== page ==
CSG: Climate Disasters Cost the U.S. $300 Billion Last Year, More Than Ever Before
Evidence for the idea that resiliency is a more and more important credit factor continues to accumulate. The latest piece comes from the National Oceanic and Atmospheric Administration's National Centers for and Climate Disasters Review for 2017. Last year, there were 16 weather and climate disaster events with losses exceeding $1 billion each across the United States. These included 1 drought event, 2 flooding events, 1 freeze event, 8 severe storm events, 3 tropical cyclone events, and 1 wildfire event. Overall, these events resulted in the deaths of 362 people and had significant economic effects on the areas impacted.
The cumulative damage of these 16 events is $306.2 billion, which shatters the previous U.S. annual record cost of $214.8 billion (CPI-adjusted), established in 2005 due to the impacts of Hurricanes Dennis, Katrina, Rita and Wilma.
NOAA National Centers for Environmental Information (NCEI) U.S. Billion-Dollar Weather and Climate Disasters (2018). https://
The scale and nature of the weather and climate disasters clearly expanded in 2017. The recent wildfires in California were record setters as was the fire season in Montana, and the impact of Hurricane Harvey was the largest recorded. While disaster aid often enables the restoration of physical assets, the damage created by lost near-term revenues as well as the long-term impact on revenues is not easily mitigated. The ability of municipalities to manage and prevent, where possible, the impacts of these events clearly is a more important issue for them.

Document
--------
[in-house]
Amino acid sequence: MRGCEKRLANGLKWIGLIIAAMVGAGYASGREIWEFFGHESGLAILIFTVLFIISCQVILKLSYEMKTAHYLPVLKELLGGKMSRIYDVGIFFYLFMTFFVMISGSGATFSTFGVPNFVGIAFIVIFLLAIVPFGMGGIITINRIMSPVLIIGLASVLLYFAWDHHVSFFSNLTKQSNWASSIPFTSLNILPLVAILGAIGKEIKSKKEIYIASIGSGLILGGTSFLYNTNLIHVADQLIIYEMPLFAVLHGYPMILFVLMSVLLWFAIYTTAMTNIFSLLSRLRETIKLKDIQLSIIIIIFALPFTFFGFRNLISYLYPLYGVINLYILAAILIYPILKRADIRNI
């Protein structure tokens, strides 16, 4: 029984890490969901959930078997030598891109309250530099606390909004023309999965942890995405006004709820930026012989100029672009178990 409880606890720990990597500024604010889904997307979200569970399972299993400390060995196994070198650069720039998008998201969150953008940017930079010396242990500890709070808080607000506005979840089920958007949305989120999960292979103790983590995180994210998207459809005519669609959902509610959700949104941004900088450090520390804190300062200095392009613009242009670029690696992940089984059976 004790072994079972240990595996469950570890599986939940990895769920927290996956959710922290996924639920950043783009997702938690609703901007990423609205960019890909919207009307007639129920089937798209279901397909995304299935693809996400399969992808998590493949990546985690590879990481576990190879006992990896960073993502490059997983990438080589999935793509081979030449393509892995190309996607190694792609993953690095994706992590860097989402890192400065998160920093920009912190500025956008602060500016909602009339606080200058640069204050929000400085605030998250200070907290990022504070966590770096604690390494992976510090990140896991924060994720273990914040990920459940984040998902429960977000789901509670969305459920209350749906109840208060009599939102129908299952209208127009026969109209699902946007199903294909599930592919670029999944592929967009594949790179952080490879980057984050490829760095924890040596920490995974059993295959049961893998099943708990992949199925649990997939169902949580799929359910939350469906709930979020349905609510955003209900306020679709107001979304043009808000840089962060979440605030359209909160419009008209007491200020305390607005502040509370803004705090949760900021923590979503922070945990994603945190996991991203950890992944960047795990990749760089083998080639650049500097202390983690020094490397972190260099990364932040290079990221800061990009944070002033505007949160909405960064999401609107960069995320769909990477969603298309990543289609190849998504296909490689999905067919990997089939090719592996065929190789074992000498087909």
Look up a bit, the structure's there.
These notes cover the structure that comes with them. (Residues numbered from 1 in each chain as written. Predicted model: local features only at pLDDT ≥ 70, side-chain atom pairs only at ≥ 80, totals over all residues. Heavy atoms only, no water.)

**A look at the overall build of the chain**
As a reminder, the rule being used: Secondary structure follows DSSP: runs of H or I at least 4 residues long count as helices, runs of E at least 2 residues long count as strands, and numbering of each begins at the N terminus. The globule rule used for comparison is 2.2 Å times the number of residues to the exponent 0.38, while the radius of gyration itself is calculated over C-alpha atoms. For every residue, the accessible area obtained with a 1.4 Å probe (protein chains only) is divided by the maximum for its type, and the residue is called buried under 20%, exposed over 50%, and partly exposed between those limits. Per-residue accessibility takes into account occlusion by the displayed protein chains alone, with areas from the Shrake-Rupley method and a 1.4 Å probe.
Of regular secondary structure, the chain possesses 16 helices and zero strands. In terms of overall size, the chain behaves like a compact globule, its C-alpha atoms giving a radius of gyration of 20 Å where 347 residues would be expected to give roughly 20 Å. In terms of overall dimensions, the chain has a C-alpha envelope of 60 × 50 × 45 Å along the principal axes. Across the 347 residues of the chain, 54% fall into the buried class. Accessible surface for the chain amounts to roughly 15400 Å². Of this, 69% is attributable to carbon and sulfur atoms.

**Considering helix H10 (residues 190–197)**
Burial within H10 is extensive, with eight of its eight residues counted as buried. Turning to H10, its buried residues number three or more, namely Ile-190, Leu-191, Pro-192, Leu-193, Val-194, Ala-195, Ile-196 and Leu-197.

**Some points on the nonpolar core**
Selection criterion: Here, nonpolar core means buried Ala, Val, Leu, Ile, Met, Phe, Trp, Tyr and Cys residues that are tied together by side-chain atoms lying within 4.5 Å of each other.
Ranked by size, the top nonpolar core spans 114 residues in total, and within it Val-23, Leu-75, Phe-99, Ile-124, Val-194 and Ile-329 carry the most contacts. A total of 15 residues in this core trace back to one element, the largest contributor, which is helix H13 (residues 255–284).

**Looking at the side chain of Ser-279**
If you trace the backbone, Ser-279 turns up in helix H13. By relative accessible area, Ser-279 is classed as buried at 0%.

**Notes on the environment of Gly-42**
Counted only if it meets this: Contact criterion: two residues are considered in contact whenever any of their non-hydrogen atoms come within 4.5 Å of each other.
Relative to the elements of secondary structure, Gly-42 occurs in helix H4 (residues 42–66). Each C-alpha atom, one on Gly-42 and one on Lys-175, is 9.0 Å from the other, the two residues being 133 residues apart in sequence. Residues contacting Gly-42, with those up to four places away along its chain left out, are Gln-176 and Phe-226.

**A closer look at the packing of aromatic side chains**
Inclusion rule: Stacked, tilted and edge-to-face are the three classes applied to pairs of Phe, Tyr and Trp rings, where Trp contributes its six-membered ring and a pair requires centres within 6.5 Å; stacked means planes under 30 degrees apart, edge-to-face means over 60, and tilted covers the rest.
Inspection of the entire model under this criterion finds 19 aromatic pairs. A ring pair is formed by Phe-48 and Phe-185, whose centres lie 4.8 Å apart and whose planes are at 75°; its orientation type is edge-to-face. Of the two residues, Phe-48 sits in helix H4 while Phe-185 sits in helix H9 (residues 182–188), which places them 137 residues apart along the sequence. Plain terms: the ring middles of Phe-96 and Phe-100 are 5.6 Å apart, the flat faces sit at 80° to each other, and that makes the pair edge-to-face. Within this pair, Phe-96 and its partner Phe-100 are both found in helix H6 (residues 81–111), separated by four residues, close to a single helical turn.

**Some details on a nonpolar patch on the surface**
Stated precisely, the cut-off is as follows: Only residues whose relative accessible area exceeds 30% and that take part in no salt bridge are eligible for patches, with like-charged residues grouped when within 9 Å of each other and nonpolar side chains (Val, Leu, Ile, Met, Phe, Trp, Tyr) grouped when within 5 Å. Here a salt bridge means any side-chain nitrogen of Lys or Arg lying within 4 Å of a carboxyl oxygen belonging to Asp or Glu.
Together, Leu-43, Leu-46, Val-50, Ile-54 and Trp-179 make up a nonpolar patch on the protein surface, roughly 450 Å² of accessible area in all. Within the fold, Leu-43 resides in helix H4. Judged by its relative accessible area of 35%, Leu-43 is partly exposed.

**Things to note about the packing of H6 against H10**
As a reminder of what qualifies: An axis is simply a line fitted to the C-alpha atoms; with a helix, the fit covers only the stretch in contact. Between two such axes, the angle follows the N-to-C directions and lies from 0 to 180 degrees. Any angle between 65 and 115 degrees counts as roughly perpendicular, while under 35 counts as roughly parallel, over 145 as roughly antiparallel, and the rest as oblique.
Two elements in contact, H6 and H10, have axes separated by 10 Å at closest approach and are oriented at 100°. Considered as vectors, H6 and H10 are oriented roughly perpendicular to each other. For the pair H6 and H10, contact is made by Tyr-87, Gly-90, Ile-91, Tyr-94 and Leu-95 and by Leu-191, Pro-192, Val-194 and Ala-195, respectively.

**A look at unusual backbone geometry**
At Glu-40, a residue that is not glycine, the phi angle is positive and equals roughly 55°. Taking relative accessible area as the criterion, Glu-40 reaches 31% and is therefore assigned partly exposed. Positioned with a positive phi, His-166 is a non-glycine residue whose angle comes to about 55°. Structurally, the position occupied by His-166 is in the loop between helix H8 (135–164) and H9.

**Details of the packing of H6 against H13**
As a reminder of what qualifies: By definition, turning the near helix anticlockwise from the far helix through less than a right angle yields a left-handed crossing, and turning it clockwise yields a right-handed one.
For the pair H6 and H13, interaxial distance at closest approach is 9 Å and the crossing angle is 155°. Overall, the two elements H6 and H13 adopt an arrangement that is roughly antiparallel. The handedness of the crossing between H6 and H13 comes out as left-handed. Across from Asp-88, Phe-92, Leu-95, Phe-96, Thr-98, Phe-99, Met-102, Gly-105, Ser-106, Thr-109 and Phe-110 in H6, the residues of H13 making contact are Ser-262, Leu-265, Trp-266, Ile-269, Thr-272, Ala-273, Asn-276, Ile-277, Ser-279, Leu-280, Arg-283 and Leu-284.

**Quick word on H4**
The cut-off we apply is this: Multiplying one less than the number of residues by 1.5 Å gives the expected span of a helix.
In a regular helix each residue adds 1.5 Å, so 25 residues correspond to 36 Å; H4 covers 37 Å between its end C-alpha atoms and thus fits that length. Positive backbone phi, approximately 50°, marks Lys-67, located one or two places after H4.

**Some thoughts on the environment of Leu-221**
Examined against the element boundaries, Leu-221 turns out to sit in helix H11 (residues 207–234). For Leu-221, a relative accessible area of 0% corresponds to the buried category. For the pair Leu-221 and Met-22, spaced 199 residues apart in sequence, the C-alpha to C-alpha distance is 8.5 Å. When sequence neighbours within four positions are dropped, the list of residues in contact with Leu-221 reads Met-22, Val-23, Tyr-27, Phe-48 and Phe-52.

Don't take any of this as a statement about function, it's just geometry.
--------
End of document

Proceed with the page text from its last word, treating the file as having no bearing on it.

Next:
Previously, we cited Moody's for their comments about the increasing importance of resilience as a credit factor. In fairness, we note that Standard & Poor’s also has commented in the fourth quarter of 2017 on environmental and climate risk as a factor in credit analysis. We think that the NOAA data furthers supports these efforts and we are glad to see them.
The winter storm in the Northeast has revived calls for the City of Boston to evaluate the feasibility of constructing a sea barrier to protect the City from the type of flooding experienced during the “bomb cyclone.” As usual, funding for such a project, which has an estimated cost of $10 billion, is the greatest obstacle to its construction. Such a barrier would run from the tip of Logan International Airport to South Boston. A more ambitious wall being eyed would encompass the Harbor Islands or stretch as far out as the coast of Hull. It would almost certainly require federal funds, but as we have continually noted, the Administration's ambiguous messaging about infrastructure and development muddies the outlook significantly.